You May Like

Unpaid Kurdish Fighters Sign of Economic Woes

Sharp cuts in Kurdistan's budget by Baghdad, falling oil revenue, coping with refugees, inflated public sector have hit regional economy hard More

Koreas Exchange List of Envoys for Family Reunion Talks

Officials will discuss date, venue and number of participants for reunion; Seoul hopes to hold event late this month More

China Targets 197 in Online Speech Crackdown

Nearly 200 punished for 'spreading rumors' online in ongoing crackdown on free speech More

This forum has been closed.
Comments
     
There are no comments in this forum. Be first and add one

Featured Videos

Your JavaScript is turned off or you have an old version of Adobe's Flash Player. Get the latest Flash player.
Calais School Offers Another Face of Europe’s Migrant Crisisi
X
Lisa Bryant
September 02, 2015 6:19 PM
Europe is facing mounting criticism over how it’s handling its biggest migration crisis since World War II. But not all Europeans believe building walls or passing repressive policies are the answer. A school for migrants in the French port city of Calais, is opening doors and building bonds across nationalities. VOA's Lisa Bryant reports.
Video

Video Calais School Offers Another Face of Europe’s Migrant Crisis

Europe is facing mounting criticism over how it’s handling its biggest migration crisis since World War II. But not all Europeans believe building walls or passing repressive policies are the answer. A school for migrants in the French port city of Calais, is opening doors and building bonds across nationalities. VOA's Lisa Bryant reports.
Video

Video Russia-Japan Relations Cool as Putin Visits China for WWII Anniversary

Russian President Vladimir Putin is in Beijing for commemorations of the 70th anniversary of China's WWII victory over Japan. Putin is expected to visit Japan later this year, but tensions between Tokyo and Moscow over islands disputed since the war, and sanctions over Ukraine, could pour cold water on the plan. VOA's Daniel Schearf reports.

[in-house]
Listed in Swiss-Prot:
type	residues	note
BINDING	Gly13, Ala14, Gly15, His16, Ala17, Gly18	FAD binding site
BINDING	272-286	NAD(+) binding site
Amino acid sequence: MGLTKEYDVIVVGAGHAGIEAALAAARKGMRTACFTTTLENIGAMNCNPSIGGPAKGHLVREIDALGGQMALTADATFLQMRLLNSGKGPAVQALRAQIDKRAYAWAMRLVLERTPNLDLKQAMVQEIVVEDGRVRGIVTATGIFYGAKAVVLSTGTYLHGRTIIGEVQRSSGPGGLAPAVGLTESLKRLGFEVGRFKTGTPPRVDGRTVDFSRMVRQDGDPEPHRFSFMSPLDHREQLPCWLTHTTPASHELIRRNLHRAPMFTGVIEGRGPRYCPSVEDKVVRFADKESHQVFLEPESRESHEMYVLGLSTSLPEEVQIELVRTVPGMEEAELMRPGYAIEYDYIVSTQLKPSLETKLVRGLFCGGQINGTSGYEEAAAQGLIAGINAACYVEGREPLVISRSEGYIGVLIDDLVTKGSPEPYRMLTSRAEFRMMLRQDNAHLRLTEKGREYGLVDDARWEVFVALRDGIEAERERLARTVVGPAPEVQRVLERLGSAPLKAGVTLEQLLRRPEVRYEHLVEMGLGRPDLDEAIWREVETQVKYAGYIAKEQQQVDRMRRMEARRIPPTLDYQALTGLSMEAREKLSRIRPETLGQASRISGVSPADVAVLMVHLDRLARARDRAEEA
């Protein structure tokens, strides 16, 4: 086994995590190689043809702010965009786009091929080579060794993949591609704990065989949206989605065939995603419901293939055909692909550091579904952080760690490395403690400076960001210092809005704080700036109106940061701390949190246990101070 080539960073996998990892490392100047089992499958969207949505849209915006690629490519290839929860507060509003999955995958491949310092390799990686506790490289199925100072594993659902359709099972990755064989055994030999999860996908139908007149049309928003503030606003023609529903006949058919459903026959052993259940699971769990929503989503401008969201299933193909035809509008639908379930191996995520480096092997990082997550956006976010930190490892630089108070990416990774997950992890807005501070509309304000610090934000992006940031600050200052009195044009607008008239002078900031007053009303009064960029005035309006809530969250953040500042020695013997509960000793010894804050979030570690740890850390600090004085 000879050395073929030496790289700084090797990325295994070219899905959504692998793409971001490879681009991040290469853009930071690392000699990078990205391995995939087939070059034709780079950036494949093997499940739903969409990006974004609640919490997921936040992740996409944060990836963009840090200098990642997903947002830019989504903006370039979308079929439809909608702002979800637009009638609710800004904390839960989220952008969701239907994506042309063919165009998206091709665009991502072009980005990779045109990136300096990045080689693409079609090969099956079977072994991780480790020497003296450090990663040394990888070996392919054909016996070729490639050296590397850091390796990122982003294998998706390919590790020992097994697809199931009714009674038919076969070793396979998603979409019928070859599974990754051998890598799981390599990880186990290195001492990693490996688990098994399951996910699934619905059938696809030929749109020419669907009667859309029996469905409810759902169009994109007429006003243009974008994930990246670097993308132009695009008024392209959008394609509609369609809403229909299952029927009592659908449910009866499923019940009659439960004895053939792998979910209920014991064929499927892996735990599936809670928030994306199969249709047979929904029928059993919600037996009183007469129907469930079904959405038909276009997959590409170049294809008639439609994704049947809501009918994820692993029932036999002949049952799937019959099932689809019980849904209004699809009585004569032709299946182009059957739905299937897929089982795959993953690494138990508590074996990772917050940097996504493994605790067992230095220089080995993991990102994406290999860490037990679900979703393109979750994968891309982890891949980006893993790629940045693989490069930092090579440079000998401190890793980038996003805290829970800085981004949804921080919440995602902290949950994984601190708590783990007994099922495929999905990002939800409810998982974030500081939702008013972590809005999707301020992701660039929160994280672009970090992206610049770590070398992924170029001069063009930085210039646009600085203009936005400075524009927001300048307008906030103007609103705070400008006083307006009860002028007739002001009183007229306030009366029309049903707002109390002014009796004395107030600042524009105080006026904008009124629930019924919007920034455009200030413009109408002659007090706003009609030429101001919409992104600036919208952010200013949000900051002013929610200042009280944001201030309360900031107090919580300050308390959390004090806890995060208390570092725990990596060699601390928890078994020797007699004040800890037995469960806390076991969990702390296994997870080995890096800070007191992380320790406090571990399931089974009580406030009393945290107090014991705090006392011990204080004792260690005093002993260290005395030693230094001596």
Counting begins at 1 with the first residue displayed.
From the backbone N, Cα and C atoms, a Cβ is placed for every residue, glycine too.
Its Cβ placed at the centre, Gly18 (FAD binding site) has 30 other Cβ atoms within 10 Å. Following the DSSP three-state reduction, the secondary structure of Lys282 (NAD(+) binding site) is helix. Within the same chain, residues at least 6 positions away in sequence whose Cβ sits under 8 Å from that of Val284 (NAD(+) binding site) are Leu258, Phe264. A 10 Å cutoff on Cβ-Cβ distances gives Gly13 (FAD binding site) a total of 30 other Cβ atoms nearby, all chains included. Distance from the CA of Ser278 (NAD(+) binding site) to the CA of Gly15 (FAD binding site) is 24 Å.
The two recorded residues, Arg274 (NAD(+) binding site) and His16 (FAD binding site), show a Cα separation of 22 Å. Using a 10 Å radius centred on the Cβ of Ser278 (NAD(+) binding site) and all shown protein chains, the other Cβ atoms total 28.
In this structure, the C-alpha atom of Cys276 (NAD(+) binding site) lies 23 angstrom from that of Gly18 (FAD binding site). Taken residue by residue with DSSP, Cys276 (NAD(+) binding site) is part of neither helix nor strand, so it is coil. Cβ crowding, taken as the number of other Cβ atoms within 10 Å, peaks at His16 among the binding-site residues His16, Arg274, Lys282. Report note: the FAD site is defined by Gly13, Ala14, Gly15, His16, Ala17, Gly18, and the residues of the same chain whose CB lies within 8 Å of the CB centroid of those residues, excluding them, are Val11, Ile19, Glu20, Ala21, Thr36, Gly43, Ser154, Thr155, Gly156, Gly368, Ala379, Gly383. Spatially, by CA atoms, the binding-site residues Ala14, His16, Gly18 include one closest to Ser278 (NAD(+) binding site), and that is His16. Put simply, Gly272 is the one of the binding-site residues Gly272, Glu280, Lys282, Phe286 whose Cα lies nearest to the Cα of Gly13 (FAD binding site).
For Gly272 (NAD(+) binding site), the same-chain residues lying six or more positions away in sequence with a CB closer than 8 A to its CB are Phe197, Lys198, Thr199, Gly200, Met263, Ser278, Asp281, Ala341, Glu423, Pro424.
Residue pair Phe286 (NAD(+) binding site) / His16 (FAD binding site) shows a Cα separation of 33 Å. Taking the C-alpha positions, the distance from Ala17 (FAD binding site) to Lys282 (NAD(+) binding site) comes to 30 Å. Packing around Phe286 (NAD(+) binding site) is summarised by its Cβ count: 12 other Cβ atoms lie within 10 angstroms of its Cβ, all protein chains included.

Video

Video Kurdish Fighters on IS Frontline Ready for Offensive

Finger on the trigger, the Kurdish Peshmerga soldier stared across the dust at a village taken over by Islamic State extremists. The Kurdistan’s Khazir frontline, just 45 minutes from the Islamic State stronghold of Mosul. And at this point, the militants were less than two kilometers away. VOA's Sharon Behn reports.
Video

Video Yemen ‘on Brink of Disaster’ as Medical Shortages Soar

Aid agencies warn Yemen is on the brink of humanitarian disaster – with up to half a million children facing severe malnutrition, and hospitals running out of basic medicines. There are fears Yemen's civil war could escalate as the coalition led by Saudi Arabia tries to drive back Houthi rebels, who seized control of much of the country earlier this year. Henry Ridgwell reports.
Video

Video Apps Helping Kenyan Businesses Stay Ahead of Counterfeiters

Counterfeit goods in Kenya cost the government as much as $1 billion each year in lost tax revenues. The fake goods also hurt entrepreneurs who find it hard to carve out a niche in the market and retain customers. But as Lenny Ruvaga reports from Nairobi, information technology is being used to try to beat the problem.
Video

Video Nobel Prize Winner Malala Talks to VOA